June 2024


Child sex abuse victim wins damages payout

by Resolve Editor Kate Tilley

A Tasmanian judge has set aside a 1994 settlement agreement that prevented a child abuse victim from taking further action against the Anglican Church and ordered a damages payment of almost $2.4 million.

John Thomas Steen, now 53, was sexually abused by priest Louis Daniels, who led the Church of England Boys’ Society (CEBS), of which John Steen was a member. (Later Dr Steen after obtaining two PhDs.)

The abuse occurred on four occasions between 1981 and 1987, when Dr Steen was aged between 10 and 16.

Tasmanian Supreme Court Justice Michael Brett ordered the agreement effecting a settlement between the parties be set aside in the interests of justice under the Limitation Act 1974.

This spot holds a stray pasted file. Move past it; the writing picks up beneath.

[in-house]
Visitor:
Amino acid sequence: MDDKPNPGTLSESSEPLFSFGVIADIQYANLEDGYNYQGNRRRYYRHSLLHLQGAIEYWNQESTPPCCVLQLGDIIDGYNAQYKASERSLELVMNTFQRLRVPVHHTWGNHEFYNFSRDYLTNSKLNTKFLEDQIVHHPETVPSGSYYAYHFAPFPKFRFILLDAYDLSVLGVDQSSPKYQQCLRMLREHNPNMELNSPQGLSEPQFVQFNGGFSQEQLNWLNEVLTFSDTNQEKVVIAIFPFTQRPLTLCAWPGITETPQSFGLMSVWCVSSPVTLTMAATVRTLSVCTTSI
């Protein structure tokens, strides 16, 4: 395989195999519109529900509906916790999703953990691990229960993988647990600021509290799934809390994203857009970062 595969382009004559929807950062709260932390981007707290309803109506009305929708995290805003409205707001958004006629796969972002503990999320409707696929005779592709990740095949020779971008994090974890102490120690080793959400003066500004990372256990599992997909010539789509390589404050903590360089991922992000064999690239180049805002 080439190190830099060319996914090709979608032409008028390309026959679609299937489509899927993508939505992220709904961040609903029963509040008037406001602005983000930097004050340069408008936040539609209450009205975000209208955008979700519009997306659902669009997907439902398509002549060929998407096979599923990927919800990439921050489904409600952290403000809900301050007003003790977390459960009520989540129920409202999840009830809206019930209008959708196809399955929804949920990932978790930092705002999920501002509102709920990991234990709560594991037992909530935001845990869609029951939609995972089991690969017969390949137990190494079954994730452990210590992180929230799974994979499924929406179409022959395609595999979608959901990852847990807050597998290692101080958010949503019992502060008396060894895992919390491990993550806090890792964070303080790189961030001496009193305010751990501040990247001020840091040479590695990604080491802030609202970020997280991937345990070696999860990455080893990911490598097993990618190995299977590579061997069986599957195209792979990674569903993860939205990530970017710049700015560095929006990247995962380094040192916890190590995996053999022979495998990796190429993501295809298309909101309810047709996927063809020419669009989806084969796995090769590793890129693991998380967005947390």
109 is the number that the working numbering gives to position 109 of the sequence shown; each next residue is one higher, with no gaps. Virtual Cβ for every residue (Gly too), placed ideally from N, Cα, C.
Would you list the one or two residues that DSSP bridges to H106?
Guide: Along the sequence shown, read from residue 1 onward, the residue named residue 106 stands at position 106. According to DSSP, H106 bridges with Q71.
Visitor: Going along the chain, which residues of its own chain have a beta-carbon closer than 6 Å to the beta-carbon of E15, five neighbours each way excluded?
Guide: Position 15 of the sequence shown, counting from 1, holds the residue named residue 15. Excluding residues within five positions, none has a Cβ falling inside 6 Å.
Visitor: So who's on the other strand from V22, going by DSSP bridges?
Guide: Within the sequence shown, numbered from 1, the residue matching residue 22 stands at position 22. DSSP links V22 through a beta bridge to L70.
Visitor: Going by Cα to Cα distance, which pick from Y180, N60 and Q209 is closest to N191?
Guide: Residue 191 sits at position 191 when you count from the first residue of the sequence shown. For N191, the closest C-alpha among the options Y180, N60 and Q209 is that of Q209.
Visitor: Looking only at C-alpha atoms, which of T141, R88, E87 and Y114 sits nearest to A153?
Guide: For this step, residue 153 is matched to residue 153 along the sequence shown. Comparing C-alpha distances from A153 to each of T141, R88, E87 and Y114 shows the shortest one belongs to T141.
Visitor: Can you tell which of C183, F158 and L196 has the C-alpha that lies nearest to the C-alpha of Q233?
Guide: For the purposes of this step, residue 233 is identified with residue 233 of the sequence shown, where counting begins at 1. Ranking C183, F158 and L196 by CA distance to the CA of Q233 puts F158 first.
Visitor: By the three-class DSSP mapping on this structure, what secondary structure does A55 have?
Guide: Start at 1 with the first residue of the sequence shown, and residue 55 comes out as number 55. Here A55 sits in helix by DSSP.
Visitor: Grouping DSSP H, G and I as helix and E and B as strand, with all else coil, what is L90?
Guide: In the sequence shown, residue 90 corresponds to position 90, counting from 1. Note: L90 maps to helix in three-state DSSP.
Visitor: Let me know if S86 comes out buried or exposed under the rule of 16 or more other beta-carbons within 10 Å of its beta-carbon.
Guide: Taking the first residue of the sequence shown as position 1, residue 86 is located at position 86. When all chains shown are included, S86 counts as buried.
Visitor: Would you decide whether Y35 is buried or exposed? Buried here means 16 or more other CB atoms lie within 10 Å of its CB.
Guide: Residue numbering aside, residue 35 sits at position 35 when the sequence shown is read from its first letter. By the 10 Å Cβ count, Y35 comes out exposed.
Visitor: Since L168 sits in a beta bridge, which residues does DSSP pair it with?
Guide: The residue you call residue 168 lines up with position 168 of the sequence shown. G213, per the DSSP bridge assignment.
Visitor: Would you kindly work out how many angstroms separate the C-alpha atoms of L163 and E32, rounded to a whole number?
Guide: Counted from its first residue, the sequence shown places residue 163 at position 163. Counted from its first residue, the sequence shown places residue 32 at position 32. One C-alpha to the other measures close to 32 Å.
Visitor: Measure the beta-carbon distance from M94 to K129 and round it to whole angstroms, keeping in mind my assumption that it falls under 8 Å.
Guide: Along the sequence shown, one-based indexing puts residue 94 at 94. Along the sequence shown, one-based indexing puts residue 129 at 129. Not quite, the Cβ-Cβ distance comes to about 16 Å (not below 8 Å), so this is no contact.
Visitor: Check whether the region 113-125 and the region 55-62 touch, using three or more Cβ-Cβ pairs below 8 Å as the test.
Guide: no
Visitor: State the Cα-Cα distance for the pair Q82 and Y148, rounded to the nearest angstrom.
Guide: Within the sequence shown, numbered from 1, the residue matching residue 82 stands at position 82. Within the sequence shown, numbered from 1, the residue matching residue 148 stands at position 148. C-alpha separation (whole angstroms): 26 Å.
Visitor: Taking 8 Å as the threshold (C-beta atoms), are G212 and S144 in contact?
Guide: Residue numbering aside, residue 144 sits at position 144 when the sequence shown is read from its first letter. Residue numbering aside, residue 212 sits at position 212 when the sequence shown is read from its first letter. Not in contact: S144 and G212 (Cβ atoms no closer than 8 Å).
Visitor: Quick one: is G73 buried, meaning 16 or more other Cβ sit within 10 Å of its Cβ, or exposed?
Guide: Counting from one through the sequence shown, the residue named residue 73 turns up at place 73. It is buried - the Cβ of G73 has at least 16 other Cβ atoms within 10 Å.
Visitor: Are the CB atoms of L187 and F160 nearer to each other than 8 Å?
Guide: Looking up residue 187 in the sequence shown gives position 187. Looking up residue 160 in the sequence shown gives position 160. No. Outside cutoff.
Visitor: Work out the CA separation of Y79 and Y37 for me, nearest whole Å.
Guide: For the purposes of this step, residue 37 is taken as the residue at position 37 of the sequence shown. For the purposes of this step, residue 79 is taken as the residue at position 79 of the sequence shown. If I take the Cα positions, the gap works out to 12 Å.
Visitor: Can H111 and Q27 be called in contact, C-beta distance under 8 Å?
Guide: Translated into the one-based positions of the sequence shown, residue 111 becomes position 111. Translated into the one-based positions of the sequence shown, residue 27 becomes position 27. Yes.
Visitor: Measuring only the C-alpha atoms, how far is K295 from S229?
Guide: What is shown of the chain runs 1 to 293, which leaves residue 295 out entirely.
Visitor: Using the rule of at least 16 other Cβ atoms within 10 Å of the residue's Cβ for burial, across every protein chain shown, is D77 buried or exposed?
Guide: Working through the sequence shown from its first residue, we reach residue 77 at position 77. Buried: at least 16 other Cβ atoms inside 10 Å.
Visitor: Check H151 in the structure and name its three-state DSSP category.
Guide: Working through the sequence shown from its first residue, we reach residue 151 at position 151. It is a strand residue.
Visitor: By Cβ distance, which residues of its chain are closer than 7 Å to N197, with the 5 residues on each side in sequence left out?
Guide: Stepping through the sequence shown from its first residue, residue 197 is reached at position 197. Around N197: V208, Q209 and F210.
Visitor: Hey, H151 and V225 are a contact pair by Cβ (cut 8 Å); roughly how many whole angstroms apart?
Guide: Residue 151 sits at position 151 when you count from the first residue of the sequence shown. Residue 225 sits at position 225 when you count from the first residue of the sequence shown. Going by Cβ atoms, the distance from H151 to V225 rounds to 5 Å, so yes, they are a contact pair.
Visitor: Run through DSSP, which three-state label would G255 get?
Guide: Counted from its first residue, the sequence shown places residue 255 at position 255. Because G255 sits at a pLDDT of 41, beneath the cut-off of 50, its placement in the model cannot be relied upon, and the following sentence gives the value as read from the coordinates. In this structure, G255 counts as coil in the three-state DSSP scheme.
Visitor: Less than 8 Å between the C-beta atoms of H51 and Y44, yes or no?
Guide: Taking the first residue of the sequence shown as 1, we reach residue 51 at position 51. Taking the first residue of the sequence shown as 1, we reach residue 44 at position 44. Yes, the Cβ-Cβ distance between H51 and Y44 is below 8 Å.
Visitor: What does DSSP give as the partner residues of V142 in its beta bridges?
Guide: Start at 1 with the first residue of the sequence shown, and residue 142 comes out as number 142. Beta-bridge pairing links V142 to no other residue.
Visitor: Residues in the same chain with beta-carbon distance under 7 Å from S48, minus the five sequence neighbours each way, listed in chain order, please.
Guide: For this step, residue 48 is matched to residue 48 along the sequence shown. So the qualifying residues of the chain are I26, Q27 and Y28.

When Dr Steen was aged 23, he engaged a lawyer to take legal action against Mr Daniels and the Anglican Diocese for the sexual abuse. His lawyer approached the then Anglican Bishop, Bishop Newell, and legal negotiations began.

That resulted in a settlement and a deed of release. Under the deed, Mr Daniels agreed to pay $34,000 in damages, including legal costs. Dr Steen provided a full and comprehensive release from any future liability for Mr Daniels and the church, including CEBS and Bishop Newell. The deed included a confidentiality clause.

Before Justice Brett, the Diocese argued the deed provided an absolute defence against further action.

Dr Steen argued it should be set aside under the Limitation Act. He also argued the deed should be rescinded under the general law because it was unconscionable and/or for fraudulent misrepresentation.

Dr Steen sought compensatory damages, including for loss of earning capacity, plus aggravated and exemplary damages.

Remote location

Dr Steen had attended CEBS annual summer holiday camps at Conningham, outside Hobart, which was a “relatively remote location”. Mr Daniels was the camp director when he perpetrated the sexual abuse.